Another fall in the value of the rupee against the dollar has raised questions over how vulnerable Pakistan’s economy is. The days of keeping the exchange rate stable for the first four years of a government’s tenure are firmly over. One may argue that this has confirmed that former finance minister Ishaq Dar’s attempts to solve the economic crisis in Pakistan through cosmetic surgery have pretty much failed. The Pakistani rupee is now trading at close to Rs120 per US dollar. Most speculation points to the fall being a result of intervention by the State Bank of Pakistan (SBP); the SBP stepped in again on Tuesday to arrest the continuing slide. With the current devaluation being the third major fall in six months, a sense of uncertainty has entered into the economy. Coming amidst a renewed conversation about a return to the IMF for another bailout, we are seeing the failure of the current batch of economic policies. The trouble, of course, is that the currency crisis is very much a part of IMF directives.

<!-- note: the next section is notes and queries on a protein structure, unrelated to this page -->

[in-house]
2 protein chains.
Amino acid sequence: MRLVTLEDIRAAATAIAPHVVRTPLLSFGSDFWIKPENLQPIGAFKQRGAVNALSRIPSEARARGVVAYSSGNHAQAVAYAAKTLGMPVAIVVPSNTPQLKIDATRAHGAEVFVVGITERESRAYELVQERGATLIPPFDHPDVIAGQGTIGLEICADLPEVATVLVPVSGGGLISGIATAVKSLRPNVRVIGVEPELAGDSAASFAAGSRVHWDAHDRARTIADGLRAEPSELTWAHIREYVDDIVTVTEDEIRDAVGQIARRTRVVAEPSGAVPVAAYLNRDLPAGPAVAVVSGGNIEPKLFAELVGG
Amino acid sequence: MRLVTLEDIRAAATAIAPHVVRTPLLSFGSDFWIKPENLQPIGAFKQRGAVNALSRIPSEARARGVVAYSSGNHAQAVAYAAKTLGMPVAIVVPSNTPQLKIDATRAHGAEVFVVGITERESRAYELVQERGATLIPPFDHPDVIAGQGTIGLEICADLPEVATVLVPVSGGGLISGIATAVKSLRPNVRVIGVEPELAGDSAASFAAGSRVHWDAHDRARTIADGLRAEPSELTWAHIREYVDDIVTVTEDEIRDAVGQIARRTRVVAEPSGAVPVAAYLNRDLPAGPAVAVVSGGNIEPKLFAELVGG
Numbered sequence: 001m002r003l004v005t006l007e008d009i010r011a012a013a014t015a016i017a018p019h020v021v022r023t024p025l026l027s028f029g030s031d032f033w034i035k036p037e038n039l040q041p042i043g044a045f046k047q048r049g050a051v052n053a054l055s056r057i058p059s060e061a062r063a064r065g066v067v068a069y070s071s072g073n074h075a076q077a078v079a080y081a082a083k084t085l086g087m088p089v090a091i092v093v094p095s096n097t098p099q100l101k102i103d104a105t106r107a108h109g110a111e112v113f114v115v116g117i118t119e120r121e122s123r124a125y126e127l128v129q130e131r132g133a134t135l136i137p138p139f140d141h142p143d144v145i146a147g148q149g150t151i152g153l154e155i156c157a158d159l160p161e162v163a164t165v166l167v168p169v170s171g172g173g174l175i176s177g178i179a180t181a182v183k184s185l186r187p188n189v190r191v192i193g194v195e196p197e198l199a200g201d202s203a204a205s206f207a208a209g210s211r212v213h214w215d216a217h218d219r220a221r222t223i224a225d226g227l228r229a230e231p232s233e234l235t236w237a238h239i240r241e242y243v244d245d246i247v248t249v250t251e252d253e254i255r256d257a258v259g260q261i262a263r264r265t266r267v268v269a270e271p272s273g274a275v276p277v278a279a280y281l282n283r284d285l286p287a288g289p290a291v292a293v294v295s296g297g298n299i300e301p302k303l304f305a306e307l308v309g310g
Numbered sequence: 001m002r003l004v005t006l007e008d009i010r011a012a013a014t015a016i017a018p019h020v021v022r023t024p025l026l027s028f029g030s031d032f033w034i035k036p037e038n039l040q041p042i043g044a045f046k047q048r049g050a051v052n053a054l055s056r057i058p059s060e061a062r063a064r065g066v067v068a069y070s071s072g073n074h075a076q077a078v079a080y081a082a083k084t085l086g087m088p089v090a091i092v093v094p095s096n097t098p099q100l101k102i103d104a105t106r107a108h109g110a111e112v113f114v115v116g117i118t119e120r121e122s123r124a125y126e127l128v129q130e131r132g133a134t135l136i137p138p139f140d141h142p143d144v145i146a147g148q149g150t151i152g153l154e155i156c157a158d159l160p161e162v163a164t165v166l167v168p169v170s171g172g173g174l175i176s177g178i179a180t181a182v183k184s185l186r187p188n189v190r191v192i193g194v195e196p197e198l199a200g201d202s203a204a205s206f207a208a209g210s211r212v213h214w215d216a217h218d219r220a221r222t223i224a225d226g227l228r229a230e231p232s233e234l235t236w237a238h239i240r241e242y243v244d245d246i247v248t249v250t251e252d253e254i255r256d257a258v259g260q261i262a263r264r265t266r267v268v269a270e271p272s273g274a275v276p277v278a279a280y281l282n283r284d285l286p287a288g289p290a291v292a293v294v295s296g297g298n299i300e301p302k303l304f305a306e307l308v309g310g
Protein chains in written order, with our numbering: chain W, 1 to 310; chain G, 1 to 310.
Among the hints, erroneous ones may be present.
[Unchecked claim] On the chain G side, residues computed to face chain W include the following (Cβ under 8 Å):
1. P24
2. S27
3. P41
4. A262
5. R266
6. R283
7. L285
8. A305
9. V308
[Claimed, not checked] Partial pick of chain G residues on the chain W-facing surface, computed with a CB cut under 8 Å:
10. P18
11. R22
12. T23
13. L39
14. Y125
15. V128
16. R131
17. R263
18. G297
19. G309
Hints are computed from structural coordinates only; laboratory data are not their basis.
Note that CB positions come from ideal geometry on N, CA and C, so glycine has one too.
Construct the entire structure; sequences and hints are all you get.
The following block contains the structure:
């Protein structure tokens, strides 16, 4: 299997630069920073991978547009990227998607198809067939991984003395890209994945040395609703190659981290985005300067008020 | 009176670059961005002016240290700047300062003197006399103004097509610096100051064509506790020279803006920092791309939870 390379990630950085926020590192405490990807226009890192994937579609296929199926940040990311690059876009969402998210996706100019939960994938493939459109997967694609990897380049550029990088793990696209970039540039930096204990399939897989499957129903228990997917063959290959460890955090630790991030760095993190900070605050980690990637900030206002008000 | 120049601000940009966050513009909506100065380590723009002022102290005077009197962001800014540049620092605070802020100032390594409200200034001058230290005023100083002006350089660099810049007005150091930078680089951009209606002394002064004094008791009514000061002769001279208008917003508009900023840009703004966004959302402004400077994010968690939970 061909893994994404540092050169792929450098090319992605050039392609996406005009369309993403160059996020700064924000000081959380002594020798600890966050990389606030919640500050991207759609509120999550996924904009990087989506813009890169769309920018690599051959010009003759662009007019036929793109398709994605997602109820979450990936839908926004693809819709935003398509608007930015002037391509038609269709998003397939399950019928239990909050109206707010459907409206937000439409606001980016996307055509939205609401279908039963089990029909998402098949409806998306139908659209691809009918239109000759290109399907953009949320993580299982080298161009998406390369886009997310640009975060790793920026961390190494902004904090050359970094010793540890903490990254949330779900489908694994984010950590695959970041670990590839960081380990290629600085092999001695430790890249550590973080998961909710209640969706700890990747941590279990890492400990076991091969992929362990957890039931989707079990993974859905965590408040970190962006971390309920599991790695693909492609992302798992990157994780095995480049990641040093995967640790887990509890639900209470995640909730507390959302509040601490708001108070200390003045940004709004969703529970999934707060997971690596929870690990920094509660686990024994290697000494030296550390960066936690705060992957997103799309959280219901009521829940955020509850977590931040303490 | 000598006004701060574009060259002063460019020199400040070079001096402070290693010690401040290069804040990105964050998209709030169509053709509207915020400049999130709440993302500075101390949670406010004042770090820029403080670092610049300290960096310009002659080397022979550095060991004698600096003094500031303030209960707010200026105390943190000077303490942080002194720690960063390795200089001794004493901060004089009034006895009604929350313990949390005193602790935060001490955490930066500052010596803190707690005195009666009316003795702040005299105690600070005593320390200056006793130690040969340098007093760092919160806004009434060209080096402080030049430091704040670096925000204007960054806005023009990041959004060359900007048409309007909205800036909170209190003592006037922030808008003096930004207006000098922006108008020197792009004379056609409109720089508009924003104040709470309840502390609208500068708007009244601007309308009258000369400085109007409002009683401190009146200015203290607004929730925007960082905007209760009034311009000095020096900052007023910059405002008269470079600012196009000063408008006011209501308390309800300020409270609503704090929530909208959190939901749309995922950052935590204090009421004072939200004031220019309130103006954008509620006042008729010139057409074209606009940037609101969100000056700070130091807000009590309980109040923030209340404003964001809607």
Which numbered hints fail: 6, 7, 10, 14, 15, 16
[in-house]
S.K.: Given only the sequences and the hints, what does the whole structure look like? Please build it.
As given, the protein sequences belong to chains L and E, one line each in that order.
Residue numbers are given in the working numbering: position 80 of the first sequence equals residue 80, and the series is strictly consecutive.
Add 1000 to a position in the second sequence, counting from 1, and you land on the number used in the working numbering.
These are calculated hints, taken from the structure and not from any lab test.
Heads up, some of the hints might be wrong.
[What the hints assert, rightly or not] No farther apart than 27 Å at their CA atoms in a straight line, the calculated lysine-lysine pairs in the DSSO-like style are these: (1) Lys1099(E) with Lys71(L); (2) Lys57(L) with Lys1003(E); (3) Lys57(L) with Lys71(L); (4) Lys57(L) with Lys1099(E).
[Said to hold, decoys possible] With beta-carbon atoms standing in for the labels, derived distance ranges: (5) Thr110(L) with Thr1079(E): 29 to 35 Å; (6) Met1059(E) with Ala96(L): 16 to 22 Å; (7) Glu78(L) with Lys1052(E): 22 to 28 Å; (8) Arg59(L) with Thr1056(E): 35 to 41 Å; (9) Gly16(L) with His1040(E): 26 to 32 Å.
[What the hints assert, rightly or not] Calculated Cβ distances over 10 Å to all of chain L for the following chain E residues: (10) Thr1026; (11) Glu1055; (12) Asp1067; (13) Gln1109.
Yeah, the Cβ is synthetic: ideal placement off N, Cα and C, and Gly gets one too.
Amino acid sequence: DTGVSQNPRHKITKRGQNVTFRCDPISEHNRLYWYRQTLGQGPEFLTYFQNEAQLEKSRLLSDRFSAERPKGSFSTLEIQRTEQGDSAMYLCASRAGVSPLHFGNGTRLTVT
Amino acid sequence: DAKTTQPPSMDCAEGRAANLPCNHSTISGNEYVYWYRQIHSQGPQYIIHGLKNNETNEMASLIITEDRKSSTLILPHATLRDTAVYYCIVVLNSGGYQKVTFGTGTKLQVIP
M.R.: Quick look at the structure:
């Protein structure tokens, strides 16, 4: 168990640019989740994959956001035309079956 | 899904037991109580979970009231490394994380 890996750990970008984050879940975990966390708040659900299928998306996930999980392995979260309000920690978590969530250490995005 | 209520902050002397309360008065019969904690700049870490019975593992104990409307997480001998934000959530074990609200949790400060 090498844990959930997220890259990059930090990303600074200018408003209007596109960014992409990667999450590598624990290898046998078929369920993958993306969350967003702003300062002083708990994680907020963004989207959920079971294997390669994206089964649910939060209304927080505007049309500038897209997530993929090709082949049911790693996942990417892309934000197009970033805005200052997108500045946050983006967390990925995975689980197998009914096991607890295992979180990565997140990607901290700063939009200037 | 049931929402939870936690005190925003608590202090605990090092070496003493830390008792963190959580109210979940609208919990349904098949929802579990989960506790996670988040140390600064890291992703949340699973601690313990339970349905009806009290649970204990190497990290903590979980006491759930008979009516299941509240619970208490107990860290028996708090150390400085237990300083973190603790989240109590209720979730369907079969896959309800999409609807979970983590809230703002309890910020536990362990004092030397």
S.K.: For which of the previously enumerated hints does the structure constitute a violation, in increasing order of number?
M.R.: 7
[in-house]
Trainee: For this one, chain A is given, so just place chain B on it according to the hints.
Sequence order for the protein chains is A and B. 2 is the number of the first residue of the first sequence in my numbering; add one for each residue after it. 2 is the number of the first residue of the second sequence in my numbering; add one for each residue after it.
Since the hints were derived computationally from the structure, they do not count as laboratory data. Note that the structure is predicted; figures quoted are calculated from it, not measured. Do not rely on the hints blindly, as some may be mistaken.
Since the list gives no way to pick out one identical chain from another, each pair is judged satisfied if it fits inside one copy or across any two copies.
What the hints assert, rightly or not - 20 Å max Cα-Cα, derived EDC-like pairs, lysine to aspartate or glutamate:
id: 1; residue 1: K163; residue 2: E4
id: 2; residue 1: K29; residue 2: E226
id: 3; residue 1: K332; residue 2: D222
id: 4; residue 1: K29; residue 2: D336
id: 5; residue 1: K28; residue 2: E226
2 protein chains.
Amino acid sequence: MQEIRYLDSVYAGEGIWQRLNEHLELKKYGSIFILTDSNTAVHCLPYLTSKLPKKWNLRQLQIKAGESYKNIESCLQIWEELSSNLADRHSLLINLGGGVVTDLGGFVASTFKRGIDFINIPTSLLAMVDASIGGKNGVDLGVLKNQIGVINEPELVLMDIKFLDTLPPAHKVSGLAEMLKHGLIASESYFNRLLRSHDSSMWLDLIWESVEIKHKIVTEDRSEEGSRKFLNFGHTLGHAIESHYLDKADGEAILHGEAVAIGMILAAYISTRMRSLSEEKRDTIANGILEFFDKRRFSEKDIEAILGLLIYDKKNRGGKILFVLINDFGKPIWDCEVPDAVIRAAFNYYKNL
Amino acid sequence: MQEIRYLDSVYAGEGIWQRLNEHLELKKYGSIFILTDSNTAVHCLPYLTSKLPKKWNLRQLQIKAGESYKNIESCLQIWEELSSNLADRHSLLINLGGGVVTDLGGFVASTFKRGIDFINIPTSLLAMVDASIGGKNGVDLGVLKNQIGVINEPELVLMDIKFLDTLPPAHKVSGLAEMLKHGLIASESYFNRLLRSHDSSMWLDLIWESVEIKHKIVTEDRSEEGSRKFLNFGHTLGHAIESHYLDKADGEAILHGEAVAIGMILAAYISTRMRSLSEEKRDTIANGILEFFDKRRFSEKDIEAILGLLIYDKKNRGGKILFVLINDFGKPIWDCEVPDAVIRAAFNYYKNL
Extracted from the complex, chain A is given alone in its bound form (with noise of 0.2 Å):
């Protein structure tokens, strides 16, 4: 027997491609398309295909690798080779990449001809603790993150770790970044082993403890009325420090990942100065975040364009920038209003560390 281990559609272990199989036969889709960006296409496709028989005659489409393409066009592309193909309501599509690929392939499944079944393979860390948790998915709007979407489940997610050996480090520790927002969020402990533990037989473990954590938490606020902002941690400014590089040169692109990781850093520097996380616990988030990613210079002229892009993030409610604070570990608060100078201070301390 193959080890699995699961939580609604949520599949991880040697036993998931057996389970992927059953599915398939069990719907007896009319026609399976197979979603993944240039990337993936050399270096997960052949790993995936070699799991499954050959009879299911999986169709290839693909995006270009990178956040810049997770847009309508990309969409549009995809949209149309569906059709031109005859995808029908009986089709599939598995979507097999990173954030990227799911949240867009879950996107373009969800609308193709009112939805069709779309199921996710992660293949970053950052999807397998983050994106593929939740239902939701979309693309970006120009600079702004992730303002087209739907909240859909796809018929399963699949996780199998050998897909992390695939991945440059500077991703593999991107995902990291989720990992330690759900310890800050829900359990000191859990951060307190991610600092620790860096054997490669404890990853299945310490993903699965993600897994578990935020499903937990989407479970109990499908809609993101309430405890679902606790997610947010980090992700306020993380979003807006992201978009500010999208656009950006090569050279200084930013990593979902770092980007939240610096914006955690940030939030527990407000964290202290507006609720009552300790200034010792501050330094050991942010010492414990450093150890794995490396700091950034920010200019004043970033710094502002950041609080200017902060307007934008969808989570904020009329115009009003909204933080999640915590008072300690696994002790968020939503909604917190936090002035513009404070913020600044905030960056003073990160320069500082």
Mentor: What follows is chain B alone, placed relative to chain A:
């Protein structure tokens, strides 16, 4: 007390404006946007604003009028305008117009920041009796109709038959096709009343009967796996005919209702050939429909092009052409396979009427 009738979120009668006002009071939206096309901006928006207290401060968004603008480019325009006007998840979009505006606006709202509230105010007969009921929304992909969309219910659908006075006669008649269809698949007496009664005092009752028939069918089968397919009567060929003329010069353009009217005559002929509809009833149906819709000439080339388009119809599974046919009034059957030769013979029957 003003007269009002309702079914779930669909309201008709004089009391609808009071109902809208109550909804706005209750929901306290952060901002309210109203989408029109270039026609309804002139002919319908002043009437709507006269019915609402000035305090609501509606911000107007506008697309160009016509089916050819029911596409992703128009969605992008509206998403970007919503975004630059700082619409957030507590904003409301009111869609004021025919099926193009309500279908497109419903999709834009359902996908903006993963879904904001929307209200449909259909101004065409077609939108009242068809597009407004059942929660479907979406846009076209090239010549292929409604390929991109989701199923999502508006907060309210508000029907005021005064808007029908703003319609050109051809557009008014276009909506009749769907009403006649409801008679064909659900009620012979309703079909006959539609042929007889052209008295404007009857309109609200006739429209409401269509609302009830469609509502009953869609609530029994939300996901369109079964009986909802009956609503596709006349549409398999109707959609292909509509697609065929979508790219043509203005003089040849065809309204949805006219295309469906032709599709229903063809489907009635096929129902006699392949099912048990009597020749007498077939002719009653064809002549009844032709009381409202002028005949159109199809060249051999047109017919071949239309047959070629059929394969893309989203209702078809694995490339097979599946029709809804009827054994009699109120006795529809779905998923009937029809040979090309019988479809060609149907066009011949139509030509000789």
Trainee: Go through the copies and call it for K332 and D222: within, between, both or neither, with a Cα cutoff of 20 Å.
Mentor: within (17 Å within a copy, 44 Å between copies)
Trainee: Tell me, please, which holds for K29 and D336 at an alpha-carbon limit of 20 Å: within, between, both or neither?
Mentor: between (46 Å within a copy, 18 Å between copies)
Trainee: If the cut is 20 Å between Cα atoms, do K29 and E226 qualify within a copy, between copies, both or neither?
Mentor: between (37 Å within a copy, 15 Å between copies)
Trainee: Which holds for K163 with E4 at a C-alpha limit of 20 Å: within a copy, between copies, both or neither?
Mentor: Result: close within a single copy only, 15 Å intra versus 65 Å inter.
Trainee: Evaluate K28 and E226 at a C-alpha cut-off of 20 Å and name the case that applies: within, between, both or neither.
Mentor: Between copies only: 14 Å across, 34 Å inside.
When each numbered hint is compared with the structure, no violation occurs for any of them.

It is worth remembering that just about a year back the IMF and World Bank were both praising Pakistan’s economic recovery. For all of Dar’s faults, he was able to negotiate a limited amount of economic sovereignty from Pakistan’s international creditors. However, the failure to come up with sound economic and fiscal policies on our own is what has added to the instability in the economy. The fiscal and current account deficits have been ballooning for years. We cannot tell how the currency devaluation will help address Pakistan’s low foreign exchange reserves, which now only stand at two months of imports. No economic expert advising the federal government has a plan worth discussing seriously. Much of the economic policy agenda is slight modifications of external directives – which are rarely designed in Pakistan’s own interest. One must wonder why the government did not favour a higher one-time devaluation, rather than the staggered approach it has taken. This has created uncertainty around Pakistan’s currency, which is bad news for businesses. Moreover, this has created speculation around currency and is likely to end up increasing demand for foreign currency as short-term investments or saving the value of people’s wealth. What is even more surprising is that the SBP has felt no need to explain why it is devaluing the currency – and why the last devaluation was not the final one in the short term. The central bank has insisted that market mechanisms are at play which, if true, paints an even more worrying picture of people not trusting the Pakistani rupee. This is a situation that will need to be addressed through coherent policymaking.